Like Lawrence, Woolf is keenly aware of the ideological implications embedded in the cultural association of home and nation. In Three Guineas, for example, Woolf shows how militaristic patriotism and injustices towards those marginalized on the basis of gender, class, or nationality, are buttressed by a nationalist fiction of England as “the home of Liberty.” Thus, her famous interrogation of male patriotism from a feminist perspective stems from her critical response to the contemporary rhetoric of home and nation. Wondering, “What then . . . [of ] ‘patriotism’ which leads you to go to war?” Woolf quotes Lord Hewart, the Lord Chief Justice of England:
“But,” Woolf asks,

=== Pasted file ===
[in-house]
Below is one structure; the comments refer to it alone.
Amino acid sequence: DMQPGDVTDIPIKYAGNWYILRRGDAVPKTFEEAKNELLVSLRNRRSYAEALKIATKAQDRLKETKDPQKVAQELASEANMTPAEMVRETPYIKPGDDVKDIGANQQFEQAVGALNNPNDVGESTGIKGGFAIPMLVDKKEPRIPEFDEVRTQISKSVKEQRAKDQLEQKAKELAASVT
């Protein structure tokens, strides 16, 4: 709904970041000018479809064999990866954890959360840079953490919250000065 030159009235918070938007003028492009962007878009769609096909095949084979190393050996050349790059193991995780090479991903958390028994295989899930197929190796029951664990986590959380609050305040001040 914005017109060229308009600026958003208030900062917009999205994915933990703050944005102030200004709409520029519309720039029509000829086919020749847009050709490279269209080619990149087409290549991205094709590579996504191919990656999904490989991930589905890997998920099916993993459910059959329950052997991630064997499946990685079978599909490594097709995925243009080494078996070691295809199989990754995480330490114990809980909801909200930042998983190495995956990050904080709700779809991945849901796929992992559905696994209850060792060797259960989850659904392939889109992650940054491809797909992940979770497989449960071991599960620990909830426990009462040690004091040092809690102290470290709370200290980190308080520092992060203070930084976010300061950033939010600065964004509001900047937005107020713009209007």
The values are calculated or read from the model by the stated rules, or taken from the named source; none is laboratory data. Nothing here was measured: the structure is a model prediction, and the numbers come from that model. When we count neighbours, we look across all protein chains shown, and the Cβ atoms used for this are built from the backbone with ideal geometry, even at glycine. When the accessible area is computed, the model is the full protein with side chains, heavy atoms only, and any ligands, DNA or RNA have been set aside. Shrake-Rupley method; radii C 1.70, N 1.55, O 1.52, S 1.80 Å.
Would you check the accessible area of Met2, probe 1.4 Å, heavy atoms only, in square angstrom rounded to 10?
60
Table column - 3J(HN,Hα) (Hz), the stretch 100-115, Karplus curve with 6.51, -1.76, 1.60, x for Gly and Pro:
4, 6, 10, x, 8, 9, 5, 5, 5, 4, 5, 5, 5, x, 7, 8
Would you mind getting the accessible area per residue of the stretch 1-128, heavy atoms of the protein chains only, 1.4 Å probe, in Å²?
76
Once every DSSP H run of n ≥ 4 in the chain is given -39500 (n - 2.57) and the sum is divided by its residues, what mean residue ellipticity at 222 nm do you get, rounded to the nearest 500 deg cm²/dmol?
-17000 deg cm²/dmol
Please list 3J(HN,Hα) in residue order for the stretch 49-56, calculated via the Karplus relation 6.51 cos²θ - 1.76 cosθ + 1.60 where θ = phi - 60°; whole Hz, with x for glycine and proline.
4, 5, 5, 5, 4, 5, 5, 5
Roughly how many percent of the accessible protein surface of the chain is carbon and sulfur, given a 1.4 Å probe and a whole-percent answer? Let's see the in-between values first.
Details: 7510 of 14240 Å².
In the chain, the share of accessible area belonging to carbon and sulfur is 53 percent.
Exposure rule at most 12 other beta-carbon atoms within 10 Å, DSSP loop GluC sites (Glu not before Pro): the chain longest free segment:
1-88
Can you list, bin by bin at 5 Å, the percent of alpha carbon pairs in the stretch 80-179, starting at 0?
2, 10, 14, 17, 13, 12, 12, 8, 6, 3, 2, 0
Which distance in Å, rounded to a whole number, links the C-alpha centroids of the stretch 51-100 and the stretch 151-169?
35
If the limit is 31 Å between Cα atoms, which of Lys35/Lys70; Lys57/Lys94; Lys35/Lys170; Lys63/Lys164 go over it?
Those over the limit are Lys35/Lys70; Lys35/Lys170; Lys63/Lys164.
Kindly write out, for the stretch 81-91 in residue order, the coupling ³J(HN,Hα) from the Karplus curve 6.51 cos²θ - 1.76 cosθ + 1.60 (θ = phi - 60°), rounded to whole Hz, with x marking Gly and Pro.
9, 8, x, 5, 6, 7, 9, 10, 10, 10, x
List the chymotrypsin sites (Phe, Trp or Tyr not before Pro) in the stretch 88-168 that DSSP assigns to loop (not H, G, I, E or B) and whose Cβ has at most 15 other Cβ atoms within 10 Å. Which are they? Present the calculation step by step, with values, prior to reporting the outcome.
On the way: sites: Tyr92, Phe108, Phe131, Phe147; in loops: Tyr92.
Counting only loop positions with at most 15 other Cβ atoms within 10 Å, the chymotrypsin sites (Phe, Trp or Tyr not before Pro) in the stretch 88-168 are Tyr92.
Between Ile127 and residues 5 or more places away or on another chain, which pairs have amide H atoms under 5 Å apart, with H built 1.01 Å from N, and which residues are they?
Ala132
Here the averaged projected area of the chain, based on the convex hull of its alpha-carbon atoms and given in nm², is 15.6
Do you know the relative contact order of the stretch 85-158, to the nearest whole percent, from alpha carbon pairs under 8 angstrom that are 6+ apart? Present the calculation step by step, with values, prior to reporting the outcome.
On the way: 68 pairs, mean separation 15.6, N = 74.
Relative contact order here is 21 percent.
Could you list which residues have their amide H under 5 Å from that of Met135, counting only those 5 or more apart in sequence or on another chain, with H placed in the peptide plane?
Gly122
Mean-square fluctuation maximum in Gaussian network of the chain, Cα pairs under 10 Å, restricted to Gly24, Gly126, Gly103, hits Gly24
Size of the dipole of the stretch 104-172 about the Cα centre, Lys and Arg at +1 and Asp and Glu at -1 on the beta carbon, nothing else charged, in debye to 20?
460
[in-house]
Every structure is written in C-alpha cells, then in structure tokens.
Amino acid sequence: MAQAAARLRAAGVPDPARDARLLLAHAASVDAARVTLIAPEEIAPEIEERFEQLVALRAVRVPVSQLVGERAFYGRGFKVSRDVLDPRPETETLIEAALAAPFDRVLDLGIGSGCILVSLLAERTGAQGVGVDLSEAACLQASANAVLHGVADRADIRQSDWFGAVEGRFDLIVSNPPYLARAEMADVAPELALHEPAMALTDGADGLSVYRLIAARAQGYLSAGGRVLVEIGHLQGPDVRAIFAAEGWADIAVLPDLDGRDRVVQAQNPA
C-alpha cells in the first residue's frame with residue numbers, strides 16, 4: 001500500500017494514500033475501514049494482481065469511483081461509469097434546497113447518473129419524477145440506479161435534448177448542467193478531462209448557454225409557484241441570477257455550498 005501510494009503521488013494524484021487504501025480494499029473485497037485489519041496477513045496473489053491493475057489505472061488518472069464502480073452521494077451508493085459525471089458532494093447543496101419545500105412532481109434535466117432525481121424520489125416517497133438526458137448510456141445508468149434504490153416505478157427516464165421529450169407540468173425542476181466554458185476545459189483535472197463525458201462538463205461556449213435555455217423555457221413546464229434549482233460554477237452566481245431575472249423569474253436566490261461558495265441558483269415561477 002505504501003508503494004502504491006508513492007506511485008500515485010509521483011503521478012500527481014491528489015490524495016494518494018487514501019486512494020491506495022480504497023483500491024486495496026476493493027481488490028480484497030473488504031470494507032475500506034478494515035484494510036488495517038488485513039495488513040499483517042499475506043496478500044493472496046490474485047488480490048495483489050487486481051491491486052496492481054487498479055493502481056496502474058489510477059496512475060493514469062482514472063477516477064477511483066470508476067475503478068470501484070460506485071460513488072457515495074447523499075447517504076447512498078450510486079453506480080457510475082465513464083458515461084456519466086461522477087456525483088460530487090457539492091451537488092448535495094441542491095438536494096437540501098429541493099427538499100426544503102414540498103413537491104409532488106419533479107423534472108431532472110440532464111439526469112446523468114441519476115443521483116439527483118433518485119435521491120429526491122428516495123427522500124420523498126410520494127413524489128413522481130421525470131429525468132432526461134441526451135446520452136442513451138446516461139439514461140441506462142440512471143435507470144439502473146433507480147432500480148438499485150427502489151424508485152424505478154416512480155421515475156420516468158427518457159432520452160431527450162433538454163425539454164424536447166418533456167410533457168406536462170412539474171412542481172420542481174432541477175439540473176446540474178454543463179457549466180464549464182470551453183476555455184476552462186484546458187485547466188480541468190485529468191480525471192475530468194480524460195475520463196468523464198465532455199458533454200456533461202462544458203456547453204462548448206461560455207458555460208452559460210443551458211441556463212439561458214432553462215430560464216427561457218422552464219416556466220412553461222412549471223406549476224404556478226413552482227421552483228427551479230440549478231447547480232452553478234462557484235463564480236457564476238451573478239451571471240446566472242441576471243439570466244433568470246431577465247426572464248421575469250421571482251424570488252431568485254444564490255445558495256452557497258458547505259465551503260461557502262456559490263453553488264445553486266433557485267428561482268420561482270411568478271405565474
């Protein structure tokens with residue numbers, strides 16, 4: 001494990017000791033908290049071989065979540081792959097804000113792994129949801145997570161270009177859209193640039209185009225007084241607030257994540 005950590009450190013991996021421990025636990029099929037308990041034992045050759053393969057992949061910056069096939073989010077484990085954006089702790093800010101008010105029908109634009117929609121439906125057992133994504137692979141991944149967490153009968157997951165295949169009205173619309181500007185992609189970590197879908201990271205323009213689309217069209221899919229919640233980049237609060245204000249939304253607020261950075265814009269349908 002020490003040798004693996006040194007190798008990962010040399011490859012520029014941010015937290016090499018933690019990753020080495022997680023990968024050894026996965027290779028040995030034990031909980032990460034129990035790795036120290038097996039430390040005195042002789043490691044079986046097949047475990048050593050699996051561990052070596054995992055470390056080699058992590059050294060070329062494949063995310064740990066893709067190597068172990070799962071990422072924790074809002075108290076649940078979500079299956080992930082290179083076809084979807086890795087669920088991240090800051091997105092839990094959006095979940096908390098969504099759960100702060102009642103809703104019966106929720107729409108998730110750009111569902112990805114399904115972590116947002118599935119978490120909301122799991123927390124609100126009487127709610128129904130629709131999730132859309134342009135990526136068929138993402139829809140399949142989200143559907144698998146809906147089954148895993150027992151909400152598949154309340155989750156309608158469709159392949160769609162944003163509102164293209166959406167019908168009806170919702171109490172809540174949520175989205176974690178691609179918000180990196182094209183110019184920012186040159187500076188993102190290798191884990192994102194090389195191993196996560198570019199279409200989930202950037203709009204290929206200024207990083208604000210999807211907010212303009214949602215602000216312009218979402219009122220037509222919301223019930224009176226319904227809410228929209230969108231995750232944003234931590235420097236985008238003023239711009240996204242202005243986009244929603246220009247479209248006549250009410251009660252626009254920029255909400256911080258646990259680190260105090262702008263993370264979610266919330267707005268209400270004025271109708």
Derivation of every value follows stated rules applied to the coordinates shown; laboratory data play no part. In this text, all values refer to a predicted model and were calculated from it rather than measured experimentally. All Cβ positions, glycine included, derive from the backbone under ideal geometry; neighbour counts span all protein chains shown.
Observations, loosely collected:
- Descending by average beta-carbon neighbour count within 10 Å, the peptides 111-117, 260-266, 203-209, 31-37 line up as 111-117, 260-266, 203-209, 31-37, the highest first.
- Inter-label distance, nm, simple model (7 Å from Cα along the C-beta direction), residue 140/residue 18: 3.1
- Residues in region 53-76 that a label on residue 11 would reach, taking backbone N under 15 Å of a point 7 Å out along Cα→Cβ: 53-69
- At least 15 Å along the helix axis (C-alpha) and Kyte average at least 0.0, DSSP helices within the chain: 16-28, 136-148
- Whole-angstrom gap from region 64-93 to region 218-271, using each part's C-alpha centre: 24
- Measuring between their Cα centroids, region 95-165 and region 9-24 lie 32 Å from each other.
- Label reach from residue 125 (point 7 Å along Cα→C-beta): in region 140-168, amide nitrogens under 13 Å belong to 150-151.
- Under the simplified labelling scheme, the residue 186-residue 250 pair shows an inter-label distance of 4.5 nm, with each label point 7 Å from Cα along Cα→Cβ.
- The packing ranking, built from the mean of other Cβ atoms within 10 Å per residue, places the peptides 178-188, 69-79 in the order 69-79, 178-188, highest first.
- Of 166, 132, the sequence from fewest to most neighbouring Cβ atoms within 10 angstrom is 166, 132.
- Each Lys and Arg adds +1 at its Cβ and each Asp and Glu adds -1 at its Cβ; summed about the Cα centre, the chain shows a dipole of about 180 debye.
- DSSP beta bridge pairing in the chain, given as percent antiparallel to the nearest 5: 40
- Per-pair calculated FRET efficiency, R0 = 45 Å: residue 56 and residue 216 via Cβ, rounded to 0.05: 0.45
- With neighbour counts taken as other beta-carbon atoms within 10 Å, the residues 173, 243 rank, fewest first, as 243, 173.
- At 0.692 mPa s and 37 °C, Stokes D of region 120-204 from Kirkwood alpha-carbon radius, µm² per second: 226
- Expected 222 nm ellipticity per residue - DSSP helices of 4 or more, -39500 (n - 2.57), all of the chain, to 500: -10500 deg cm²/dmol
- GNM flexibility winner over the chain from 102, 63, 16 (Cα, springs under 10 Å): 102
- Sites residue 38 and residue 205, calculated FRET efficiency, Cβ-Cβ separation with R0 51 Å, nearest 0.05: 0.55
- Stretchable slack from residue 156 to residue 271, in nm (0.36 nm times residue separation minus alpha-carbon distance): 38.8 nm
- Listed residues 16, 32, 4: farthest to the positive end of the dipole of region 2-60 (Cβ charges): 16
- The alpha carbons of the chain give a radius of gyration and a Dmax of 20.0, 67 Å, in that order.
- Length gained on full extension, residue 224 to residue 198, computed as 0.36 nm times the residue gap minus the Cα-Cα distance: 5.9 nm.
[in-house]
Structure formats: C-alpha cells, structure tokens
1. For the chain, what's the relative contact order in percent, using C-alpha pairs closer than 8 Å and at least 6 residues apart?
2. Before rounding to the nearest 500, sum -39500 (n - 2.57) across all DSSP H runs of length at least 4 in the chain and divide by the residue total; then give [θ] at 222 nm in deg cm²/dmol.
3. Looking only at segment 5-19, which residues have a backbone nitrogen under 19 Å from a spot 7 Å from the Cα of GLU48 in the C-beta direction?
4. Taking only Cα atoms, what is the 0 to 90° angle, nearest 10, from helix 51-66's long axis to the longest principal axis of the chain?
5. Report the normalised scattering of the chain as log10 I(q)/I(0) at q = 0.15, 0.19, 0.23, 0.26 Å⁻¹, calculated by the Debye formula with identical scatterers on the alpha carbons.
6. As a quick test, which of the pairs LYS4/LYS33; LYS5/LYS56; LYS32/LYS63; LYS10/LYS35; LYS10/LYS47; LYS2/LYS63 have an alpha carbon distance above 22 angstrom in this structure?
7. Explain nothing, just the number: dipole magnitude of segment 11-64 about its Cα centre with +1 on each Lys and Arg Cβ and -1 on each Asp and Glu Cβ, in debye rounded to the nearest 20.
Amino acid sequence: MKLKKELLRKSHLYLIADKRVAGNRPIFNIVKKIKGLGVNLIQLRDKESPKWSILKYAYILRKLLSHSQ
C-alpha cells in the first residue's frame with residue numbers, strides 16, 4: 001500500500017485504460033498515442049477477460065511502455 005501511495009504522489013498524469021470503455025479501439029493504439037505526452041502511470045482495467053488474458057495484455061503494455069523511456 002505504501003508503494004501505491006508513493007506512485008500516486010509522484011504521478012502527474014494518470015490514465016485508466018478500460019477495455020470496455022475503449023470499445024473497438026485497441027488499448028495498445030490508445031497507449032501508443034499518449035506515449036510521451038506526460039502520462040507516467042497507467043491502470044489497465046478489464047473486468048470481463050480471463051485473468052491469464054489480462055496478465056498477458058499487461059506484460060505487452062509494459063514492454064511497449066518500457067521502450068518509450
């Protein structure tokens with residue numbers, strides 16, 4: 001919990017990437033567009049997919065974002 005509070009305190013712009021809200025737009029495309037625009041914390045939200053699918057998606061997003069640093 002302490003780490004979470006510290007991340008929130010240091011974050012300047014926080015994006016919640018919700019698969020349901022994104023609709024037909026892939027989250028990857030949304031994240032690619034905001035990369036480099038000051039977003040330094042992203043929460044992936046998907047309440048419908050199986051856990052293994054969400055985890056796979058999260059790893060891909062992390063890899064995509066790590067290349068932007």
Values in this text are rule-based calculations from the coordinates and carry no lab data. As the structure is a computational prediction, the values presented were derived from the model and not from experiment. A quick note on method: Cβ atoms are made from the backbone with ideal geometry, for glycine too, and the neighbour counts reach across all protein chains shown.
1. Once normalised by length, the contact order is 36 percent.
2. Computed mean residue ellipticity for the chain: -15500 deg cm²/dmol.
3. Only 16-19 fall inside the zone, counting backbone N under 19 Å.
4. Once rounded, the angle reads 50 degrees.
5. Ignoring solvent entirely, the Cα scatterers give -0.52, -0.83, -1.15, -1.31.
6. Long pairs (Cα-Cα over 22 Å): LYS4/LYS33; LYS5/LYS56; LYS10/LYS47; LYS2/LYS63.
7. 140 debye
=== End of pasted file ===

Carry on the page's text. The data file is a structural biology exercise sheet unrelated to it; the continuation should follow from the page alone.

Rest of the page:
In Woolf ’s works, we see that her awareness of a different position in the home often enables her to have a critical perspective about the home and its
mirror image of the nation. Critically exposing the impulse to marginalize, stigmatize, or expel those less privileged in the Victorian ideal of home and nation, Woolf envisions a less exclusionary home and nation through her subversive imagination that “overflow[s] boundaries” (Three Guineas 218).